news conferences at the press club are boring

news conferences at the press club are boring

As a journalist, I often get calls from activist acquaintances and comrades who are holding events about important social issues and are looking for some kind of media coverage. Too often, I am unable to get approval to cover it from my bosses because the story does not seem newsworthy (or ratings worthy) enough to them.

So I am writing a few tips to help activists who are having a hard time getting their word out through the media.

1. Make the event visually interesting and different

This is the most important aspect. Every day, there are scores of press conferences held at press clubs, or seminars arranged at hotels. But news editors can only choose a tiny handful of them to cover.

Therefore you have to make your event stand out from the rest. Put on a spectacle; break a world record; dress up in costumes; play some music; do something playful and symbolic and colourful. Make sure it is not something that happens all the time (i.e. a regular protest with boring signs at the press club).

By doing something different, you will make reporters (and readers/viewers and bystanders) curious so that they ask questions about your issue.

Here are a couple of examples from different parts of the world that I like:

Bonuses Are Back Pig Party:

Santa Claus in Palestine:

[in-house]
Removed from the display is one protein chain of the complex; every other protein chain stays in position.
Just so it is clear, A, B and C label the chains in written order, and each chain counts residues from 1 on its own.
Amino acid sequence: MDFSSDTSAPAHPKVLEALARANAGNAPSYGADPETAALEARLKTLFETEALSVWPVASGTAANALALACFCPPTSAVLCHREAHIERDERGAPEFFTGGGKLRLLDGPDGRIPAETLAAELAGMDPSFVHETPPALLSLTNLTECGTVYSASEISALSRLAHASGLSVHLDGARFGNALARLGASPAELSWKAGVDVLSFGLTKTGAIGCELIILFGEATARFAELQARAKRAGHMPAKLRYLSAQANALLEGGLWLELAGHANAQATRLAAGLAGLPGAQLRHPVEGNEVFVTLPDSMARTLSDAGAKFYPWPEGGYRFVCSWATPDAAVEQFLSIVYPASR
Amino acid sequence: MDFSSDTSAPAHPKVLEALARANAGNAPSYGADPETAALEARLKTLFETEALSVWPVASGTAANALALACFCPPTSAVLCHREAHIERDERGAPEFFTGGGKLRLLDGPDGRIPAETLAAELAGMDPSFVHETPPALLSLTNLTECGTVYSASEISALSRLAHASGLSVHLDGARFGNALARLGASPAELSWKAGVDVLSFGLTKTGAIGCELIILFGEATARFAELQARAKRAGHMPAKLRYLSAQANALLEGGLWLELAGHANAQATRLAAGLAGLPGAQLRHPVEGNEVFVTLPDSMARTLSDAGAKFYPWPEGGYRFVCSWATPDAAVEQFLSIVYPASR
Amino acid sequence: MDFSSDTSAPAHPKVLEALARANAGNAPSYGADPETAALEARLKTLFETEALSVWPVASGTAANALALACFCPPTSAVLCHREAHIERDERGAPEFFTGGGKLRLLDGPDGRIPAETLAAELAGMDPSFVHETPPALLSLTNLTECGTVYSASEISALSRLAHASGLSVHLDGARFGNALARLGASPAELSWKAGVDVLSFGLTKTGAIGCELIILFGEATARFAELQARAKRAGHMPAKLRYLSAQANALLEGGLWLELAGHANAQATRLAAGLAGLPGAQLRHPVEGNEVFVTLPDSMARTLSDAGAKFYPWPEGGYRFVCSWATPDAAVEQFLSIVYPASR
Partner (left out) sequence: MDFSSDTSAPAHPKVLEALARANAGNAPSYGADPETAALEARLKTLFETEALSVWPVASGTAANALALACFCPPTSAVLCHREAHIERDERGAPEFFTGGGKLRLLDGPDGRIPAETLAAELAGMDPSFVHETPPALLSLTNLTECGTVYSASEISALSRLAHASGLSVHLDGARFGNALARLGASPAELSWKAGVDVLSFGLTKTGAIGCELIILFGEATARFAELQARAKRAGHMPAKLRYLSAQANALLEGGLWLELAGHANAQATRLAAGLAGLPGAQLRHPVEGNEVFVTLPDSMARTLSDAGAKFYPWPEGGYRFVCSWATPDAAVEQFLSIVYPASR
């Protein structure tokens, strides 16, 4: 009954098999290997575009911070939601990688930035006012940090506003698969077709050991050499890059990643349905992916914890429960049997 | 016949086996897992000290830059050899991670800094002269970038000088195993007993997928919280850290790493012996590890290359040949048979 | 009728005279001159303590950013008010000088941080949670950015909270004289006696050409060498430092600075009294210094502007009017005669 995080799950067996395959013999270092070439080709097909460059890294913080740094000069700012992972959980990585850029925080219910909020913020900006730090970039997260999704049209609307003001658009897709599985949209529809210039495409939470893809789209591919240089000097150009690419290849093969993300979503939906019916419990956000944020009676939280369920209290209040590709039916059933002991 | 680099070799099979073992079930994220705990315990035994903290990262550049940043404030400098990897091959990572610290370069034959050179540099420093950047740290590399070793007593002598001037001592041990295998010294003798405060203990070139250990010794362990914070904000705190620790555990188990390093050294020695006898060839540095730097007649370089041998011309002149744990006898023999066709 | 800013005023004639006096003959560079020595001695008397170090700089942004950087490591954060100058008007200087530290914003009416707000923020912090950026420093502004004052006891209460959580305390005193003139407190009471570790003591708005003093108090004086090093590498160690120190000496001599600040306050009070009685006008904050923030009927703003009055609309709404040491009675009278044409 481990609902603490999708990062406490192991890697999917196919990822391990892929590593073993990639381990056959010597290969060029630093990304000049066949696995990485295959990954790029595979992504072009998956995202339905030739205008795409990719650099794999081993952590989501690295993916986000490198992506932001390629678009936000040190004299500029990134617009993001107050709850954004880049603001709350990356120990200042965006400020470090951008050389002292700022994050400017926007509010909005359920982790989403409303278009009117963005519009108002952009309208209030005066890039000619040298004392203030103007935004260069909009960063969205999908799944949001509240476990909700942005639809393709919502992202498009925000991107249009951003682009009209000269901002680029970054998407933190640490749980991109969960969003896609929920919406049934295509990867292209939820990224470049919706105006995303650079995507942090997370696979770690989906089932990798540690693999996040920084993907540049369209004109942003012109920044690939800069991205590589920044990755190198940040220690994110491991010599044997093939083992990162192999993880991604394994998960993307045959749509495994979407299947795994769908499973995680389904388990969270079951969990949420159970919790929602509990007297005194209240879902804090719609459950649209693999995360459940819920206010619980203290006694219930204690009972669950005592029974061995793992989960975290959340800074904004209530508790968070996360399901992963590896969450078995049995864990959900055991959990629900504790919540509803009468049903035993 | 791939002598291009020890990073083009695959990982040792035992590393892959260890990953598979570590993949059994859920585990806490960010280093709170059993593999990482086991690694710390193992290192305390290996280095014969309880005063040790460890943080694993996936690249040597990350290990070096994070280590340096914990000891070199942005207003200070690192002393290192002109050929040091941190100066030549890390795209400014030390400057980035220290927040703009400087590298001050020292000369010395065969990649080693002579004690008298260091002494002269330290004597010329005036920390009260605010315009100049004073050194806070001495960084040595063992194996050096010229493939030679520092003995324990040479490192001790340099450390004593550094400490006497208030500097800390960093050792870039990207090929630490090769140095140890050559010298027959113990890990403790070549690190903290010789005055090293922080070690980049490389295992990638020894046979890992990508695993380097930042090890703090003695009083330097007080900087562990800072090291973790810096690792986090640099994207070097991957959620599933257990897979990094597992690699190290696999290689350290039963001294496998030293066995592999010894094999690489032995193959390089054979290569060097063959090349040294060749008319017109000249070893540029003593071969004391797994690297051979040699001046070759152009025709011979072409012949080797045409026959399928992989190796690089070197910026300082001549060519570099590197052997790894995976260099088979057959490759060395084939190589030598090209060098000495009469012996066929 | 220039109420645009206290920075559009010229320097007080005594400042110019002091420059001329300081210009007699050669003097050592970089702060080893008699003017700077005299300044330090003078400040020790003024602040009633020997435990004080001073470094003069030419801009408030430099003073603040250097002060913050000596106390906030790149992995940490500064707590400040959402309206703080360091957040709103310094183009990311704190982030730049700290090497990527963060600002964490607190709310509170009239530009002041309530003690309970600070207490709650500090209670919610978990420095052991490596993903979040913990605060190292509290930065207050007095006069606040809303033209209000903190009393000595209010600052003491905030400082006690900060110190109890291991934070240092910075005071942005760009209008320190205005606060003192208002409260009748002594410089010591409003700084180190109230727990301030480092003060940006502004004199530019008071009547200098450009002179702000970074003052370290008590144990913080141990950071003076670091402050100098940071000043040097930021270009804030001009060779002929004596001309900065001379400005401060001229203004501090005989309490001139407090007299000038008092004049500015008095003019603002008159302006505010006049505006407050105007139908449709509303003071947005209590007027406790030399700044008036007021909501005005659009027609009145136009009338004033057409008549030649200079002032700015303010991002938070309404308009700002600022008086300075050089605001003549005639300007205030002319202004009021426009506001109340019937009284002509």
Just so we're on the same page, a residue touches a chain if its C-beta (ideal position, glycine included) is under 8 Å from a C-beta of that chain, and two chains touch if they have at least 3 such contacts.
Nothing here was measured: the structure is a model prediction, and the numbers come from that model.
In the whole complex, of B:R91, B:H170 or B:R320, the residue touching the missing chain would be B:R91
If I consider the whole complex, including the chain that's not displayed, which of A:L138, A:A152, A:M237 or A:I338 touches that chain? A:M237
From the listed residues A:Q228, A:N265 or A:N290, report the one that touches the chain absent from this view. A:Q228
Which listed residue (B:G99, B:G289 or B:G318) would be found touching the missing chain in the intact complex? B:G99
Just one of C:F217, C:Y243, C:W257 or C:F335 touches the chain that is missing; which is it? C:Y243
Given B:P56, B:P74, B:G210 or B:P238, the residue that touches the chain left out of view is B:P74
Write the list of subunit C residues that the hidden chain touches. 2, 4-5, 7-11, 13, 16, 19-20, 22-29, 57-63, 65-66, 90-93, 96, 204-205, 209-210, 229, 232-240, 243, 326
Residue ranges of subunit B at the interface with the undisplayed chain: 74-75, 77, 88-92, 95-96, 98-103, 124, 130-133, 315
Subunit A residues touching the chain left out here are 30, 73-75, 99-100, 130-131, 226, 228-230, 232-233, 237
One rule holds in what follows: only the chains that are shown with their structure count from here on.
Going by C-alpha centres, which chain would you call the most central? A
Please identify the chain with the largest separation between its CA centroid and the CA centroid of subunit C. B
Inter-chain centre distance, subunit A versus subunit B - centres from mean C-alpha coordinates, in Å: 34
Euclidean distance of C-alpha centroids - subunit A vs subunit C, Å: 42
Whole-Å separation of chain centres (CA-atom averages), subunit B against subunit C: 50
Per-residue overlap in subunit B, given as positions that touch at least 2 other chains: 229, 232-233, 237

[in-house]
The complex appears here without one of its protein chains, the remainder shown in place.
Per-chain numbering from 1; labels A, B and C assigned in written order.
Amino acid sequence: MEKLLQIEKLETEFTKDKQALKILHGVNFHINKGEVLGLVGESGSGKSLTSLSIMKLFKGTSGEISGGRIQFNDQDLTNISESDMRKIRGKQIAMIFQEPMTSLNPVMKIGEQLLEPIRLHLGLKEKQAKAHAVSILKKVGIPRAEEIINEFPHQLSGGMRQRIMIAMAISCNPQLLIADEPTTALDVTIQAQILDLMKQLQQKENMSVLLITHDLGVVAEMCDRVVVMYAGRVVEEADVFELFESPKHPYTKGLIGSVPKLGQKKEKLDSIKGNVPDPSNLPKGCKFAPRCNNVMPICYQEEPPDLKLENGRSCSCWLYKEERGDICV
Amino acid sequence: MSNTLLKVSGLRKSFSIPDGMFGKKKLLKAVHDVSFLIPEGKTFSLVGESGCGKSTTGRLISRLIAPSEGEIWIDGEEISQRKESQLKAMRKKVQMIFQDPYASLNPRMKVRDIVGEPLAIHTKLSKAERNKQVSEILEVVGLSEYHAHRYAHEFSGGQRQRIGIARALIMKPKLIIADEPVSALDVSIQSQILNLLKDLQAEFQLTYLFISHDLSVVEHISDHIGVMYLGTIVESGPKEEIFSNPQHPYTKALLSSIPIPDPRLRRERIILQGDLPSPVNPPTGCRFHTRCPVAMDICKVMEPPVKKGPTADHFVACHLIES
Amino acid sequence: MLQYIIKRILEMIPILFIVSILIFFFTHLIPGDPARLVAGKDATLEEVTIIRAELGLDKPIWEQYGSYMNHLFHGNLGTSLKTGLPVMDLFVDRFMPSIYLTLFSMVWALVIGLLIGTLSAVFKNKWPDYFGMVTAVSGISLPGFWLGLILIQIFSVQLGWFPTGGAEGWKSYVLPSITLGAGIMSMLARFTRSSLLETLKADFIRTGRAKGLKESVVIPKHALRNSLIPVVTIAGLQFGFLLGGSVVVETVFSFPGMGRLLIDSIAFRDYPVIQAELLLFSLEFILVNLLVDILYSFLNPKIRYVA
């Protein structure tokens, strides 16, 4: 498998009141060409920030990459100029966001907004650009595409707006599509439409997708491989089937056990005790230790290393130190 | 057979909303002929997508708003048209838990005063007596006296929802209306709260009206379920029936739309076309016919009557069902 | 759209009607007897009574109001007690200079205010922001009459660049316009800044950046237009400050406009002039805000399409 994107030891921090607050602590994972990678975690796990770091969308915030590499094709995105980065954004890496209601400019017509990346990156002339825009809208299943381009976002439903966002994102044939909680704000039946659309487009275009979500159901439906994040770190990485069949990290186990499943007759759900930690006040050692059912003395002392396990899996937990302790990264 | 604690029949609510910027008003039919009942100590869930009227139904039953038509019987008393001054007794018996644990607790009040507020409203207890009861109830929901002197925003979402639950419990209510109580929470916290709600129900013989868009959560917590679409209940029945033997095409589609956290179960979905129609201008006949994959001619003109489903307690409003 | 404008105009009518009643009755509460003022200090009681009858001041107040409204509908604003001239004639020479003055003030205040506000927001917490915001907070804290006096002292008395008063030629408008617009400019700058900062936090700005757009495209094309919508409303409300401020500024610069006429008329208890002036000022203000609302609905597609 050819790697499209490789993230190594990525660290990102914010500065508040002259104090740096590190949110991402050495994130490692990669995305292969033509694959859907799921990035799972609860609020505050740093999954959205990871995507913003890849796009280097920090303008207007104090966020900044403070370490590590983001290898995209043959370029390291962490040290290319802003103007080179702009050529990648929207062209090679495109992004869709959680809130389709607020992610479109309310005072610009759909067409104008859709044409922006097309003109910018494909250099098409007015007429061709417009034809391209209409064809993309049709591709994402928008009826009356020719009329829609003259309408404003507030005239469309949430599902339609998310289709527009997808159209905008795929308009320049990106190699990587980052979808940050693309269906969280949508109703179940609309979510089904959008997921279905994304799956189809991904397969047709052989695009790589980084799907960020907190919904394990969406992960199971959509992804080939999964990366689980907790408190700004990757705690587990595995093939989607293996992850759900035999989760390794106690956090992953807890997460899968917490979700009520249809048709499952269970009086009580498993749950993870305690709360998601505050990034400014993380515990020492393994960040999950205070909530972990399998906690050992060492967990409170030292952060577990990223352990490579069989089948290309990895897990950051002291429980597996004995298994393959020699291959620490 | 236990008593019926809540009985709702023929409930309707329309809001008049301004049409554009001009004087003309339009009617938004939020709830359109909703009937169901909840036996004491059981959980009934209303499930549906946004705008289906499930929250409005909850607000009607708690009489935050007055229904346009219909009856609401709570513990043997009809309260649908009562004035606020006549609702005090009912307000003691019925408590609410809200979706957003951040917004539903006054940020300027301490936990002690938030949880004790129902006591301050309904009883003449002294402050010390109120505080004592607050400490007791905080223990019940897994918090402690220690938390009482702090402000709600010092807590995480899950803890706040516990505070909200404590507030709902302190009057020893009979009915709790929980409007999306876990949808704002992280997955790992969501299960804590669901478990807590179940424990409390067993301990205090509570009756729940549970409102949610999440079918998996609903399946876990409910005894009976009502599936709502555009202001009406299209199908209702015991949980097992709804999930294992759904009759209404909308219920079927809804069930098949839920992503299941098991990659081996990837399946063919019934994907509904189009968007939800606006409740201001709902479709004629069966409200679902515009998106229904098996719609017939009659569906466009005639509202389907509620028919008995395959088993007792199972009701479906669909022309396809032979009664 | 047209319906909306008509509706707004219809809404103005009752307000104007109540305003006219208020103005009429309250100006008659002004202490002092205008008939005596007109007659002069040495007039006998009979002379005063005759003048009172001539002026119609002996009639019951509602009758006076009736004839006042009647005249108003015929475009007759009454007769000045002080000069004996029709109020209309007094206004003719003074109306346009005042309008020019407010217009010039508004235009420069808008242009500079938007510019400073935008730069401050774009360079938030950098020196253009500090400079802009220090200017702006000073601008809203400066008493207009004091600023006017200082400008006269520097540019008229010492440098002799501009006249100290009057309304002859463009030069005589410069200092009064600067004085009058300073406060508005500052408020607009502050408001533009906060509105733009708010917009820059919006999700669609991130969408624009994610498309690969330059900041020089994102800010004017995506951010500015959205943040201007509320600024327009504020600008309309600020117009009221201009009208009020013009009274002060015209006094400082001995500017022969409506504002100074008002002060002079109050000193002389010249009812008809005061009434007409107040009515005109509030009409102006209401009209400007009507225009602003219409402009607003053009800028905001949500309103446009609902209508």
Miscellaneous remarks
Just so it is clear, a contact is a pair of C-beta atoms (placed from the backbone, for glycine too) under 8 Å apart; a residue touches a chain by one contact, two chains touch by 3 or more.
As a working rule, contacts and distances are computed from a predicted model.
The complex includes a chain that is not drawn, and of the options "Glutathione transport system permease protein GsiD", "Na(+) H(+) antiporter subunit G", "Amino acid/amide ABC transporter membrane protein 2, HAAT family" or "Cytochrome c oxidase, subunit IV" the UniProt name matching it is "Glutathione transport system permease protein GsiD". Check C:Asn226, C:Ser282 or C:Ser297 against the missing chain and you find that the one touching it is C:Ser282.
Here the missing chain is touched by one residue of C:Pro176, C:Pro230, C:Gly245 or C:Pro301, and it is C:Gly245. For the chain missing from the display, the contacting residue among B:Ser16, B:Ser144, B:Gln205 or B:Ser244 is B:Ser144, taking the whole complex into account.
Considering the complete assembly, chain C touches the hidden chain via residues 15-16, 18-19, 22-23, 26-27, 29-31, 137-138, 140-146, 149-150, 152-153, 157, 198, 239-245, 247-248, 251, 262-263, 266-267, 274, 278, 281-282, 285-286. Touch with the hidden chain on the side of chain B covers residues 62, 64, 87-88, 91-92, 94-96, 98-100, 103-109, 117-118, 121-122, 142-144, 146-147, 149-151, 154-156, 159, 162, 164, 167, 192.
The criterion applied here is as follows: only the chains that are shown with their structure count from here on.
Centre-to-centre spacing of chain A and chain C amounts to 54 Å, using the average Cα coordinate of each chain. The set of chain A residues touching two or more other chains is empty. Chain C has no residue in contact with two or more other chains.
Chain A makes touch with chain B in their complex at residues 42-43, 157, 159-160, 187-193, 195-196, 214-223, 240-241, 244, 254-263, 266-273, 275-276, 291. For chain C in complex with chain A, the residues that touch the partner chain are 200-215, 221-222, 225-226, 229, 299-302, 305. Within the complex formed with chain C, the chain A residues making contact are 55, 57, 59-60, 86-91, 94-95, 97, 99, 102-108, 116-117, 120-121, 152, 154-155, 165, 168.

Of course, you would have to take into consideration the local sensitivities and sense of humour.

2. Use a fax machine

It is the internet age, but most newsrooms in Pakistan are still in the stone age. When sending out invitations to the event to the media, do it by fax. You can send an email as a supplement, but it won’t get the same attention that a fax does for mysterious reasons.

The best time to send the fax is the evening before the actual event. If you send it any earlier they are likely to forget when the time comes around. So you could try emailing a few days in advance, and then send a fax the evening before.

You can also call or SMS a reporter or the newsroom to remind them over the phone, but make sure you are not badgering them. Just a reminder.

3. Be concise

This applies to every aspects of your event. Make sure your invitations are short and to the point, highlighting just the key details. Make sure the actual event is not long and drawn out, because most reporters don’t have the time or the attention span. So keep both the list of speakers and the speeches short.

4. Only invite high-profile guests if they are comitted to your cause

Newsrooms love events where there are famous guests, so that they can get their soundbites. This applies mostly to politicians and public office holders who are in the news for reasons other than your event.

But if you are a serious activist working on real issues, then you probably don’t want to have some loser politician come and hijack your event so they can go on about how their political party is the country’s saviour. So if you can find someone famous who is genuinely committed to your issue, then that is great. Otherwise, you don’t need them.

good luck.